#4: Almost All Store-Bought Mayonnaise is Made with Refined Oils
The other problem I have with Hellmann’s mayonnaise is that every single variety contains refined (and highly pro-inflammatory) soybean oil or some other pro-inflammatory vegetable oil. Even Hellmann’s Olive Oil Mayonnaise contains more soybean oil than olive oil!
If you have our Clean Cuisine Cookbook then you know how important choosing unrefined and anti-inflammatory oils are to your health. If you don’t have the book, you can read the Cliff’s Notes version on choosing healthy oils here.
So, whether you decide to make my egg free mayonnaise recipe below or a conventional mayo recipe using eggs, if you want your mayonnaise to be healthy, it is essential you use a high quality and unrefined oil.
I have found unrefined avocado oil to be the best-tasting and healthiest oil I have yet to try for homemade mayonnaise. By the way, did you know avocado oil has even received prescription drug status in France because of its proven ability to counter the negative effects of arthritis! (1)
I have tried using extra virgin olive oil in the past, but I found the flavor to be a bit too strong. Unrefined macadamia nut oil would also surely be very tasty, I just haven’t tried that one yet…
Look for Unrefined Oils
Unrefined oils are minimal heat processed oils (cold or expeller pressed) that have not been bleached or deodorized after extraction. Refined oils have been bleached and or deodorized. Also, heat damages the delicate polyunsaturated fats in oils, so it is very important for the oils you use to be of the least refined.
The Cleanest Store-Bought Brand of Real Mayonnaise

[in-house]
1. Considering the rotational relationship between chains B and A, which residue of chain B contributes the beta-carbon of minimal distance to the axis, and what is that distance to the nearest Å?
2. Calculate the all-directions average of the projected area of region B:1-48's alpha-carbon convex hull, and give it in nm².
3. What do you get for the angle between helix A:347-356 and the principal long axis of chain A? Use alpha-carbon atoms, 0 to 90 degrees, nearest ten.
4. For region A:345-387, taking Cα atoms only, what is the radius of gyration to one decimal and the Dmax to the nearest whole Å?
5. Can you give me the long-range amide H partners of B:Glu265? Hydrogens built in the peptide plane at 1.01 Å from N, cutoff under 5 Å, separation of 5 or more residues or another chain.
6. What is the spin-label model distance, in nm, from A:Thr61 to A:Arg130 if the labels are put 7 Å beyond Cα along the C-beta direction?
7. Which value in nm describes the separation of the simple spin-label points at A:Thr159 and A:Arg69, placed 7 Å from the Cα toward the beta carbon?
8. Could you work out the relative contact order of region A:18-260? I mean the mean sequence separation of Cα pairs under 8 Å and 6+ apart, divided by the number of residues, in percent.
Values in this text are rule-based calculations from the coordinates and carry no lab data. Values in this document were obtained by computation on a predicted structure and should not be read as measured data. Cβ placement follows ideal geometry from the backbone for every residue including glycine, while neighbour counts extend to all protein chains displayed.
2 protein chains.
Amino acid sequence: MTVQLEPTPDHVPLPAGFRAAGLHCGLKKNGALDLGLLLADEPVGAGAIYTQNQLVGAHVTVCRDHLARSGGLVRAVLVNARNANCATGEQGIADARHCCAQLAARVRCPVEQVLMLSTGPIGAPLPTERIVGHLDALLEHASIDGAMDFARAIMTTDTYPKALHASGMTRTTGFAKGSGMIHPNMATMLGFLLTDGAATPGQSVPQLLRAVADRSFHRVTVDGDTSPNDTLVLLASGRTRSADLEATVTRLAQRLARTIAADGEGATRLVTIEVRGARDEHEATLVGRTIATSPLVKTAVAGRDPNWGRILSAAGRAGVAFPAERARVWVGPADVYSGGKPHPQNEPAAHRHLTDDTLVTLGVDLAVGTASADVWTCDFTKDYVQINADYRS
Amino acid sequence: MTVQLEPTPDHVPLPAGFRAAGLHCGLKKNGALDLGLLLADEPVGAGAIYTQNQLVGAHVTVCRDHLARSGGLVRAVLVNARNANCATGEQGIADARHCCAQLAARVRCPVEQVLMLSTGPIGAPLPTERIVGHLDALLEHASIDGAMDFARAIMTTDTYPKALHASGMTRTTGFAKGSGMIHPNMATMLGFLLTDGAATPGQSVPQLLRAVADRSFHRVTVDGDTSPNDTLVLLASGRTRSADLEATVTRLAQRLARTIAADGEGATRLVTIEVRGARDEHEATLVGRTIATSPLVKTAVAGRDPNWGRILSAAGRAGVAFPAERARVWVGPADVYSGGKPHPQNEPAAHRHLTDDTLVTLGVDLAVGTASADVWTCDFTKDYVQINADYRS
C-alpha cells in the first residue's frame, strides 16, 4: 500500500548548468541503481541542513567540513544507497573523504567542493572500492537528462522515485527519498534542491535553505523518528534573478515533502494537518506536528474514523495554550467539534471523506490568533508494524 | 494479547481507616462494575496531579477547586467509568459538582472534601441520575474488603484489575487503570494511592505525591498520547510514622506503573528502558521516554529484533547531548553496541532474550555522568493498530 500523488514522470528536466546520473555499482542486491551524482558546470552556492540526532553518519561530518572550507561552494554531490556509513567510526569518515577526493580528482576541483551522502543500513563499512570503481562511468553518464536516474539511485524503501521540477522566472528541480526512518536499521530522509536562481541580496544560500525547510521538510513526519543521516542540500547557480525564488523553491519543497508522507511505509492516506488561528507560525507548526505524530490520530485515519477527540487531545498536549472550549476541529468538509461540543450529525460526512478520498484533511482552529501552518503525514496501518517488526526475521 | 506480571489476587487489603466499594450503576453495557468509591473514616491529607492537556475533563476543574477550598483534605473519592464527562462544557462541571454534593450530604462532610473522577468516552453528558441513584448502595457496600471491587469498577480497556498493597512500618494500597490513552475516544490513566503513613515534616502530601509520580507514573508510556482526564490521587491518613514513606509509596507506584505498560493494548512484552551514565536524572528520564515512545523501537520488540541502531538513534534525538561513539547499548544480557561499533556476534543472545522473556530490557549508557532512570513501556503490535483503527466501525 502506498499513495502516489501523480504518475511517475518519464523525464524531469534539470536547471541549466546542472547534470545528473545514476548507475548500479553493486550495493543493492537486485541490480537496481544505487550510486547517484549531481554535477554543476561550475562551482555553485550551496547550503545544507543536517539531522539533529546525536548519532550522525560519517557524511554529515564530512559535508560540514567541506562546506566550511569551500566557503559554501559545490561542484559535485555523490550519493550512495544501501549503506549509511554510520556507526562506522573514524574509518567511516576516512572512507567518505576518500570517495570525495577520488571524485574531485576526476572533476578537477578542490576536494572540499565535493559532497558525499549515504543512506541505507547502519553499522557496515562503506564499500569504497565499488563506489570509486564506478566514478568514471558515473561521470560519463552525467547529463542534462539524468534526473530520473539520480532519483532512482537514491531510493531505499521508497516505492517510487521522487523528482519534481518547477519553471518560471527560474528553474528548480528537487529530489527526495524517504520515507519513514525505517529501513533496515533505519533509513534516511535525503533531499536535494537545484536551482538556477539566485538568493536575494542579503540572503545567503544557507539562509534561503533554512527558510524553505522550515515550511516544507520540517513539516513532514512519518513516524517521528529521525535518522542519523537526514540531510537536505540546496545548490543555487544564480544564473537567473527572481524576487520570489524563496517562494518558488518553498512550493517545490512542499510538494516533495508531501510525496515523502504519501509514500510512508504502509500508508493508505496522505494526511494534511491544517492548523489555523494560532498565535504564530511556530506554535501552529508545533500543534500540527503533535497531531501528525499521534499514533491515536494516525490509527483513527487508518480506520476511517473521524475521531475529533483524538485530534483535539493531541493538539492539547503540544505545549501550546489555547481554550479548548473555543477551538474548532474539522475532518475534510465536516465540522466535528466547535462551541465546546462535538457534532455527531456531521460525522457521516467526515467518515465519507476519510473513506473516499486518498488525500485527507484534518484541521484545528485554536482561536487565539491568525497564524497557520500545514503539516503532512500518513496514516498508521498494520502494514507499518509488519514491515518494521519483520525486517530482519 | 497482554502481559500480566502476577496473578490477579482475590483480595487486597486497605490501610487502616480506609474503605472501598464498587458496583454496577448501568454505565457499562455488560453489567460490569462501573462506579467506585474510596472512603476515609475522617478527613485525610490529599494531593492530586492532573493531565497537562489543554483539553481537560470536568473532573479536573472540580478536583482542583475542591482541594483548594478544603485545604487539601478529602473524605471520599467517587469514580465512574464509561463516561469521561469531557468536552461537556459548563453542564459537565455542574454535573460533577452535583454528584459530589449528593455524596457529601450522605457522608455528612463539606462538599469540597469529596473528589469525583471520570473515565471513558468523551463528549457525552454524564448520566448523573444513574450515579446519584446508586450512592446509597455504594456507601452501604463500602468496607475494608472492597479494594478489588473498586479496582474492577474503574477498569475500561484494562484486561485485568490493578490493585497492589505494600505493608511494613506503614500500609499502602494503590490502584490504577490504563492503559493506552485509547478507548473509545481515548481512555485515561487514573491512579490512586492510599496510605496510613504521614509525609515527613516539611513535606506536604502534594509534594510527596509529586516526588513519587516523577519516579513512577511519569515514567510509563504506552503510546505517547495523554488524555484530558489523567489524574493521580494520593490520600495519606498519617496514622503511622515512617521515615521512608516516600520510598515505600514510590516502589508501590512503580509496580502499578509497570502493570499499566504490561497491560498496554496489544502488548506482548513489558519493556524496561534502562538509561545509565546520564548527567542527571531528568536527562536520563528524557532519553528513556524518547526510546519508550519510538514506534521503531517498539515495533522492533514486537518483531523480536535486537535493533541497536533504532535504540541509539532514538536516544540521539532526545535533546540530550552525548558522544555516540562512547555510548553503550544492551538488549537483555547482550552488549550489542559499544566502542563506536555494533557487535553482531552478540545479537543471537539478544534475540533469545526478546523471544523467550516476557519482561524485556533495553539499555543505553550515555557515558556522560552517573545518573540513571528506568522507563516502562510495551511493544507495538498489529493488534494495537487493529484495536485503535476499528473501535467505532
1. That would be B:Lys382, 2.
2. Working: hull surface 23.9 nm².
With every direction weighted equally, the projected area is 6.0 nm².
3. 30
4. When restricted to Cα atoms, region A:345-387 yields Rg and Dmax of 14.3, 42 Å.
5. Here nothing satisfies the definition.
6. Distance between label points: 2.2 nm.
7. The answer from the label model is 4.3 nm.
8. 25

Ok, so you don’t want to make your own egg free mayonnaise recipe even after reading all of my reasons above explaining why I make my own. I totally get it!
If you just don’t have the time to make egg free mayonnaise then your best bet for the cleanest store-bought brand that I have yet to see is the Avocado Oil Mayonnaise by Primal Kitchen. I actually only recently discovered Primal Kitchen brand, before this I always just told people to avoid store-bought mayonnaise.
Ingredients in Primal Kitchen Mayonnaise: Avocado Oil, Organic Cage-Free Eggs, Organic Cage-Free Egg Yolks, Organic Vinegar (from Non-GMO Beets), Sea Salt, Organic Rosemary Extract
Pin this graphic for later!
Primal Kitchen does still use eggs and the product IS sold not-refrigerated. As mentioned above, this means the eggs are therefore processed in order to remain shelf-stable, which is not optimal in my opinion. However, if you do not want to go to the trouble of making your own mayonnaise then in my opinion Primal Kitchen is definitely your best bet.
How to Make an Egg Free Mayonnaise Recipe
For those of you with food allergies and food sensitivities, it’s helpful to know this Egg Free Mayonnaise Recipe meets the following dietary restrictions:
Egg Free / Grain Free / Bean-Free / Gluten Free / Paleo Friendly / Vegan / Vegetarian / Dairy Free
- 1/4 cup plus 2 tablespoons water
- 1/4 cup plus 1 tablespoon lemon juice
- 1/4 cup unrefined avocado oil
- 1 cup raw macadamia nuts (soaked in water 30 minutes to 2 hours)
- 1 medjool date
- 1/2 teaspoon Himalayan pink salt
- 1/2 teaspoon Dijon mustard
- 1 teaspoon apple cider vinegar
- 1/8 teaspoon ground dry mustard seed
Put all ingredients in ain the order listed above. Process on high speed for one full minute, or until ingredients are thoroughly blended and mixture is smooth and creamy.
Mayonnaise will keep for up to a week if stored in a mason jar in the refrigerator.